The $56 billion fiscal year 2017 Commerce, Justice, Science (CJS) Appropriations bill cleared the House Appropriations Committee on May 24. As amended, the measure would maintain EEOC funding at the agency’s FY 2016-enacted level, but with an important hitch that presumably, would knock out the commission’s plans for expanded EEO-1 reporting.
The spending measure, as approved by the committee, would give the EEOC $364,500,000. The commission was looking for a FY2017 budget of $376,646,000—$12.146 million more than the draft appropriations measure would provide.
Amendment targets EEOC proposal. Notably, the bill includes an amendment submitted by Representative Andy Harris (R-Md.) that would bar funding in the bill from being used to implement a “new EEOC regulation that requires businesses to report on certain demographic information of the employees”—presumably referring to the commission’s proposed revision of the EEO-1 Report to include compensation data. The committee noted the amendment’s passage by a voice vote; Harris also tweeted the news.
EEO-1 Report revision. The commission has said that the new data gathered under the proposed EEO-1 Report revision, which was published in the Federal Register on February 1, 2016, will assist the EEOC and the OFCCP in identifying possible pay discrimination and will also assist employers in promoting equal pay in their workplaces. Not everyone sees it that way, however.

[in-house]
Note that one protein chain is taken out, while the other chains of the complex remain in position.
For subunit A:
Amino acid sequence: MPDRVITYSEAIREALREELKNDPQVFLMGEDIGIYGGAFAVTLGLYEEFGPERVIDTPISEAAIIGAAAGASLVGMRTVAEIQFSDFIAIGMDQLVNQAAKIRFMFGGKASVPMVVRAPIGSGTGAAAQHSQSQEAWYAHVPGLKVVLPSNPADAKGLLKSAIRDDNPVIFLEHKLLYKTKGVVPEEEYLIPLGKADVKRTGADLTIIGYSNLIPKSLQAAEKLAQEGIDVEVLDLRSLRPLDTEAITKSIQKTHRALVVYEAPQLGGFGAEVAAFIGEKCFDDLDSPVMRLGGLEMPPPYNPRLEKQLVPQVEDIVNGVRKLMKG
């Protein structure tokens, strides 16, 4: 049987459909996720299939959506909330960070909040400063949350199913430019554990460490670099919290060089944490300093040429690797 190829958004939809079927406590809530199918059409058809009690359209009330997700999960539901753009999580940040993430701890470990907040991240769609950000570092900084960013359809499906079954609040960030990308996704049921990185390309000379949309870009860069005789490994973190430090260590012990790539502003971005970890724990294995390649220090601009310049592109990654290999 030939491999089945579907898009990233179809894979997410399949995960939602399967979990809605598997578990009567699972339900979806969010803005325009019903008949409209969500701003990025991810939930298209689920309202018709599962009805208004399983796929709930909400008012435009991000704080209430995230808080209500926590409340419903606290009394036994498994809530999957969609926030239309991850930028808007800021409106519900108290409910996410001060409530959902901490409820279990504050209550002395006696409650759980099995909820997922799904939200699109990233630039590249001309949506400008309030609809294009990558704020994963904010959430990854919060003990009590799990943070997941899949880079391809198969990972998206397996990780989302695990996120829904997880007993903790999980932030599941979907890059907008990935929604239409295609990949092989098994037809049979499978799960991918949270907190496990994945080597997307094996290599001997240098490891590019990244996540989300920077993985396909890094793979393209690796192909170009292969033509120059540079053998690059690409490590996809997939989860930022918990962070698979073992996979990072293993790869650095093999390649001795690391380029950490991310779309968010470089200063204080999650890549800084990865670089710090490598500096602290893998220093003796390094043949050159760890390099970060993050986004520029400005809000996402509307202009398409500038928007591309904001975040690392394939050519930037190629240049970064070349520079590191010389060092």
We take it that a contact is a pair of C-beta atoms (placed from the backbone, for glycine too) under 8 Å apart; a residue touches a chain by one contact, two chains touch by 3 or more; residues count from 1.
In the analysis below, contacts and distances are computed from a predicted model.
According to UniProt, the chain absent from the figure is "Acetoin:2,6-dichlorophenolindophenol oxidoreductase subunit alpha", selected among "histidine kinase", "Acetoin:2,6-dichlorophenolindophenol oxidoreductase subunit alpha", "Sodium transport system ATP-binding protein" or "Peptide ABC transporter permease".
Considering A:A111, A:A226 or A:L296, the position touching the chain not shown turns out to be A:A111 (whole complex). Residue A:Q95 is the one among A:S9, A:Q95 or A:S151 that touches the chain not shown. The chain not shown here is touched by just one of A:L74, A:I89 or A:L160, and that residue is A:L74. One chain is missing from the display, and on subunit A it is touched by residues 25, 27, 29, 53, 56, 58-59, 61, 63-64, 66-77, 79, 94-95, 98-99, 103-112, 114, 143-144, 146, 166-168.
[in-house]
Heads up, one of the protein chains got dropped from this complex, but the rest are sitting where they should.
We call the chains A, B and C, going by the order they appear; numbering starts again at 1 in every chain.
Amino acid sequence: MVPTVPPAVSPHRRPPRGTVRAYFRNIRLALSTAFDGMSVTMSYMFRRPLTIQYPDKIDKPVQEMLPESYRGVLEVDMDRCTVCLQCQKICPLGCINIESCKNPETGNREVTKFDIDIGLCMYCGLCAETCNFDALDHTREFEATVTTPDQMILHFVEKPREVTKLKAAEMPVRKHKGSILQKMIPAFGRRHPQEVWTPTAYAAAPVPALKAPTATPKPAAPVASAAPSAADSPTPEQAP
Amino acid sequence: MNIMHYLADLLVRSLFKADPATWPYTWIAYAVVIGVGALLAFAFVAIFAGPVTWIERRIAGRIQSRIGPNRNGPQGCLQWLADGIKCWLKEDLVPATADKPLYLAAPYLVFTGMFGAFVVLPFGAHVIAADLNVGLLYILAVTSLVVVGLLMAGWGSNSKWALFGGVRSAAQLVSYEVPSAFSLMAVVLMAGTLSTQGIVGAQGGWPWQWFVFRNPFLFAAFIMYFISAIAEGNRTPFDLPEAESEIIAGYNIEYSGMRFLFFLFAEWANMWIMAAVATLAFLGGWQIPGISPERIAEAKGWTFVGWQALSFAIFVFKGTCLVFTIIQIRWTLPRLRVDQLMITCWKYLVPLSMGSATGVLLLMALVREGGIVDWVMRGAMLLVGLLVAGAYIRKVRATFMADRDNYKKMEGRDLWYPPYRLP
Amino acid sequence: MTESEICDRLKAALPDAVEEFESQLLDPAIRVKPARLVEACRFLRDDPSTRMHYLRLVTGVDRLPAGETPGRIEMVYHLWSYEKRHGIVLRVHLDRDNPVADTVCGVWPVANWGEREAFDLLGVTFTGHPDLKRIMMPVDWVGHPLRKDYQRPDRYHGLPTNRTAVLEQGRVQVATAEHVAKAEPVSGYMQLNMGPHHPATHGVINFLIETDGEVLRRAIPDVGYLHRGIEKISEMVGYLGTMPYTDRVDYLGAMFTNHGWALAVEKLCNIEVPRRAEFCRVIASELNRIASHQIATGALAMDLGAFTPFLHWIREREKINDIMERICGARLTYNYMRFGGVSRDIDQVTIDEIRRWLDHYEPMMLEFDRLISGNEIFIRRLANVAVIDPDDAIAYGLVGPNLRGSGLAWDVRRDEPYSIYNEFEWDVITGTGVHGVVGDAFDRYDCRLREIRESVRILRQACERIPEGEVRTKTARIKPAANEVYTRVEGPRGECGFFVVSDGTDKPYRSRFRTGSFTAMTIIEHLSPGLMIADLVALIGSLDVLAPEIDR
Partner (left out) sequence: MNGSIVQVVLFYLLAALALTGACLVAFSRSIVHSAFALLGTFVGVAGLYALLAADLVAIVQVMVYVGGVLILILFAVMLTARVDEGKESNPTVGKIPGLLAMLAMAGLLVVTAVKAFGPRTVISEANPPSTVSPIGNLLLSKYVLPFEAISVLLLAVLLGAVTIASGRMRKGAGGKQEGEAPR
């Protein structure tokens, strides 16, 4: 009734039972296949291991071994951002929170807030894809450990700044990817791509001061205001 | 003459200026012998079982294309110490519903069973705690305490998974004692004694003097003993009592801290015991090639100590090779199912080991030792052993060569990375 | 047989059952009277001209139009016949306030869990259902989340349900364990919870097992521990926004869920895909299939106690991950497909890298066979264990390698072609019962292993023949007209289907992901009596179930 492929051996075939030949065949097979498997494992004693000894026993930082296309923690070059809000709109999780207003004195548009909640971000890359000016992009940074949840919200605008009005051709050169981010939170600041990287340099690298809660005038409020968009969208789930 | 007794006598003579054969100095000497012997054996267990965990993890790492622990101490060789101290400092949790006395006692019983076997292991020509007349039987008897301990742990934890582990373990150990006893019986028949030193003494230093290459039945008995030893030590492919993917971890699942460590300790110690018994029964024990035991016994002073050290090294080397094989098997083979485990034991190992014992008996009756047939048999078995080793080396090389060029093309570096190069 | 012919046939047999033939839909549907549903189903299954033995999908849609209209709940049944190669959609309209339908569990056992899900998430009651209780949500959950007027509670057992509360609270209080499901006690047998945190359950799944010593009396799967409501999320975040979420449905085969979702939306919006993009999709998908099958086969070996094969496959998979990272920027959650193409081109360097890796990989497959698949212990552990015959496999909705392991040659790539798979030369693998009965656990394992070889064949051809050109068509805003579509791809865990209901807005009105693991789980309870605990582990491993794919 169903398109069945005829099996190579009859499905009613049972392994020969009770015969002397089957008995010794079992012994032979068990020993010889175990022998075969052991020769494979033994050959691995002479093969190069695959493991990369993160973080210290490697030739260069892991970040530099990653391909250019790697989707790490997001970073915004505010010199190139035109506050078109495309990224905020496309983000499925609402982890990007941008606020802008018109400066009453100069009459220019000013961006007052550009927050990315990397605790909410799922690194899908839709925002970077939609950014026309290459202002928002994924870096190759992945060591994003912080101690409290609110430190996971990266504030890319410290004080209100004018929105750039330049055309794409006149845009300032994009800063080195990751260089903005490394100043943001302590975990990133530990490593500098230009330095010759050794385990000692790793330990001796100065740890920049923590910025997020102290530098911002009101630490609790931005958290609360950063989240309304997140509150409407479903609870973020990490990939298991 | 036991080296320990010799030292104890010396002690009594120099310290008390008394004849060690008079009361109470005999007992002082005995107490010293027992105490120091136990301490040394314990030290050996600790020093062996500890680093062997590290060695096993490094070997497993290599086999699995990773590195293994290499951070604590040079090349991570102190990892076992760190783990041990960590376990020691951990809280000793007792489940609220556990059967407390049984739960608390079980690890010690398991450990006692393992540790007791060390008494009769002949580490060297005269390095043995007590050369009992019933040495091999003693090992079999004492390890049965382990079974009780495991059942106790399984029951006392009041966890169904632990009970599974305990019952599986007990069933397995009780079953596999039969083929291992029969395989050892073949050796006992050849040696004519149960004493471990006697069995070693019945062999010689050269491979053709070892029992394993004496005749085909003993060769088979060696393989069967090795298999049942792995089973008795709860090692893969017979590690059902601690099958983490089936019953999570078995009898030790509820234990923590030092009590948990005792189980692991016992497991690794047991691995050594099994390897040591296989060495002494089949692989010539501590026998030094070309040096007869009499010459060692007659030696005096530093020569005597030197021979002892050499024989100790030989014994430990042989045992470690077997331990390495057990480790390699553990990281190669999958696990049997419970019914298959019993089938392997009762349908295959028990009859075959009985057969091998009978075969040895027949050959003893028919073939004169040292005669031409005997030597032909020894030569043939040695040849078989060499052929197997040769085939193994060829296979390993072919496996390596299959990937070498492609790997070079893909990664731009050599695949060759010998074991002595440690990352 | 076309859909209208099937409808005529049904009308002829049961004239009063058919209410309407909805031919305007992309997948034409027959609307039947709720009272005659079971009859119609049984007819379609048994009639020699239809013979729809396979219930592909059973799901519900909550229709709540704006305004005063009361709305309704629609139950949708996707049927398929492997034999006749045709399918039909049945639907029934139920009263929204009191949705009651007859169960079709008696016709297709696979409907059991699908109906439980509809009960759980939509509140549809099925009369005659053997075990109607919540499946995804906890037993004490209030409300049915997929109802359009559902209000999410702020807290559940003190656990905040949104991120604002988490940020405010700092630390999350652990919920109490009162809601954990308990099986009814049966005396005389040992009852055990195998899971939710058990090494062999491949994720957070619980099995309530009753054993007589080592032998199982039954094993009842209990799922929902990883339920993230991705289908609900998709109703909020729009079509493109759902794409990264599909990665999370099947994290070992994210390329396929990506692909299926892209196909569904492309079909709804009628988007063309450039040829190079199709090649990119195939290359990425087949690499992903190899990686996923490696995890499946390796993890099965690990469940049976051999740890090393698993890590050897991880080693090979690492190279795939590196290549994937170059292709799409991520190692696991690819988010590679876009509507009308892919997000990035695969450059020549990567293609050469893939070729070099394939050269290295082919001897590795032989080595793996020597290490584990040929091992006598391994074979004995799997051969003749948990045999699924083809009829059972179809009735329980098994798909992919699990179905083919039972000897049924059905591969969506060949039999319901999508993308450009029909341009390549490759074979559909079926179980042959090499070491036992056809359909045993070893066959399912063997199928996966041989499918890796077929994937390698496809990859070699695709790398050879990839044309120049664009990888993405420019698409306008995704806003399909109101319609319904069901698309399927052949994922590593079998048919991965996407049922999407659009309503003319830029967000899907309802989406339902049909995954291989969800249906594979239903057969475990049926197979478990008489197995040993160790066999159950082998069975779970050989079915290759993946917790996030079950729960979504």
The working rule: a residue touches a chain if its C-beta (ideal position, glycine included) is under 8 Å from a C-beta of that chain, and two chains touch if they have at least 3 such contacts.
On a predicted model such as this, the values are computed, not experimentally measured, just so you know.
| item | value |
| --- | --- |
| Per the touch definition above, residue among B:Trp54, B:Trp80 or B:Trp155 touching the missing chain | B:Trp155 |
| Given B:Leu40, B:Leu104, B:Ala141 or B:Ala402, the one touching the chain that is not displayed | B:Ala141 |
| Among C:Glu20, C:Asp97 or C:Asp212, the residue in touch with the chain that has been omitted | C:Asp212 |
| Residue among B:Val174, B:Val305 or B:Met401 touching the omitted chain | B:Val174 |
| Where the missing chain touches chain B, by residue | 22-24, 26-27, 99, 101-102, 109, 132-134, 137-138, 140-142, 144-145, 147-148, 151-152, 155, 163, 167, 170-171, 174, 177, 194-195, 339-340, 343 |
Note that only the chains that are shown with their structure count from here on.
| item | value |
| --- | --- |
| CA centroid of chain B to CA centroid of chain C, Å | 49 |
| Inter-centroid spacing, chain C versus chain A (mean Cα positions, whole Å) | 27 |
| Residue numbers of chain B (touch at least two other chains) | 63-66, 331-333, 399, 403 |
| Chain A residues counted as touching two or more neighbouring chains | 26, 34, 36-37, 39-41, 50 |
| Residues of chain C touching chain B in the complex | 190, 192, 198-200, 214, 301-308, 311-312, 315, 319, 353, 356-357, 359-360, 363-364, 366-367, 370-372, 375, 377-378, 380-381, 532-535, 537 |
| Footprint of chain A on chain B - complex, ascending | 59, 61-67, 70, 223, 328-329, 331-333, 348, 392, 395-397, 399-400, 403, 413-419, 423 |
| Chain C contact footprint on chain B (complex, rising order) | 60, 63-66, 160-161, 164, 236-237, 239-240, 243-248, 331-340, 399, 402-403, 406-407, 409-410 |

The EEOC’s pay data collection proposal will ignore factors relevant to employers’ individual compensation decisions in favor of broad data that will have little, if any, utility in uncovering compensation discrimination, according to attorney Leigh M. Nason, a shareholder in the Columbia, South Carolina, office of Ogletree Deakins, who chairs the firm’s Affirmative Action/OFCCP Compliance Practice Group. In addition, Nason expressed doubts about the proposal’s representations regarding the employer burden and confidentiality concerns.
In a letter to EEOC Chair Jenny R. Yang, the U.S. Chamber of Commerce called the proposal “far outside the norm of information collection requests for form revisions,” noting also that the revision adds two major new categories of information collection: earnings and hours worked—a significant expansion of the size, content and structure of the EEO-1 reporting requirement. In order to comply, many employers will have to construct new time-tracking and accounting systems that do not currently exist for executive, managerial, administrative, professional, and other employees who are FLSA exempt, according to the Chamber. In addition, to meet the earnings data element of the revision, most employers “will have to integrate information from currently separate information systems that maintain employee gender, race, and ethnicity data and that maintain employee compensation data.”
Pamela Wolf, J.D.
Source: CCH Daily Digest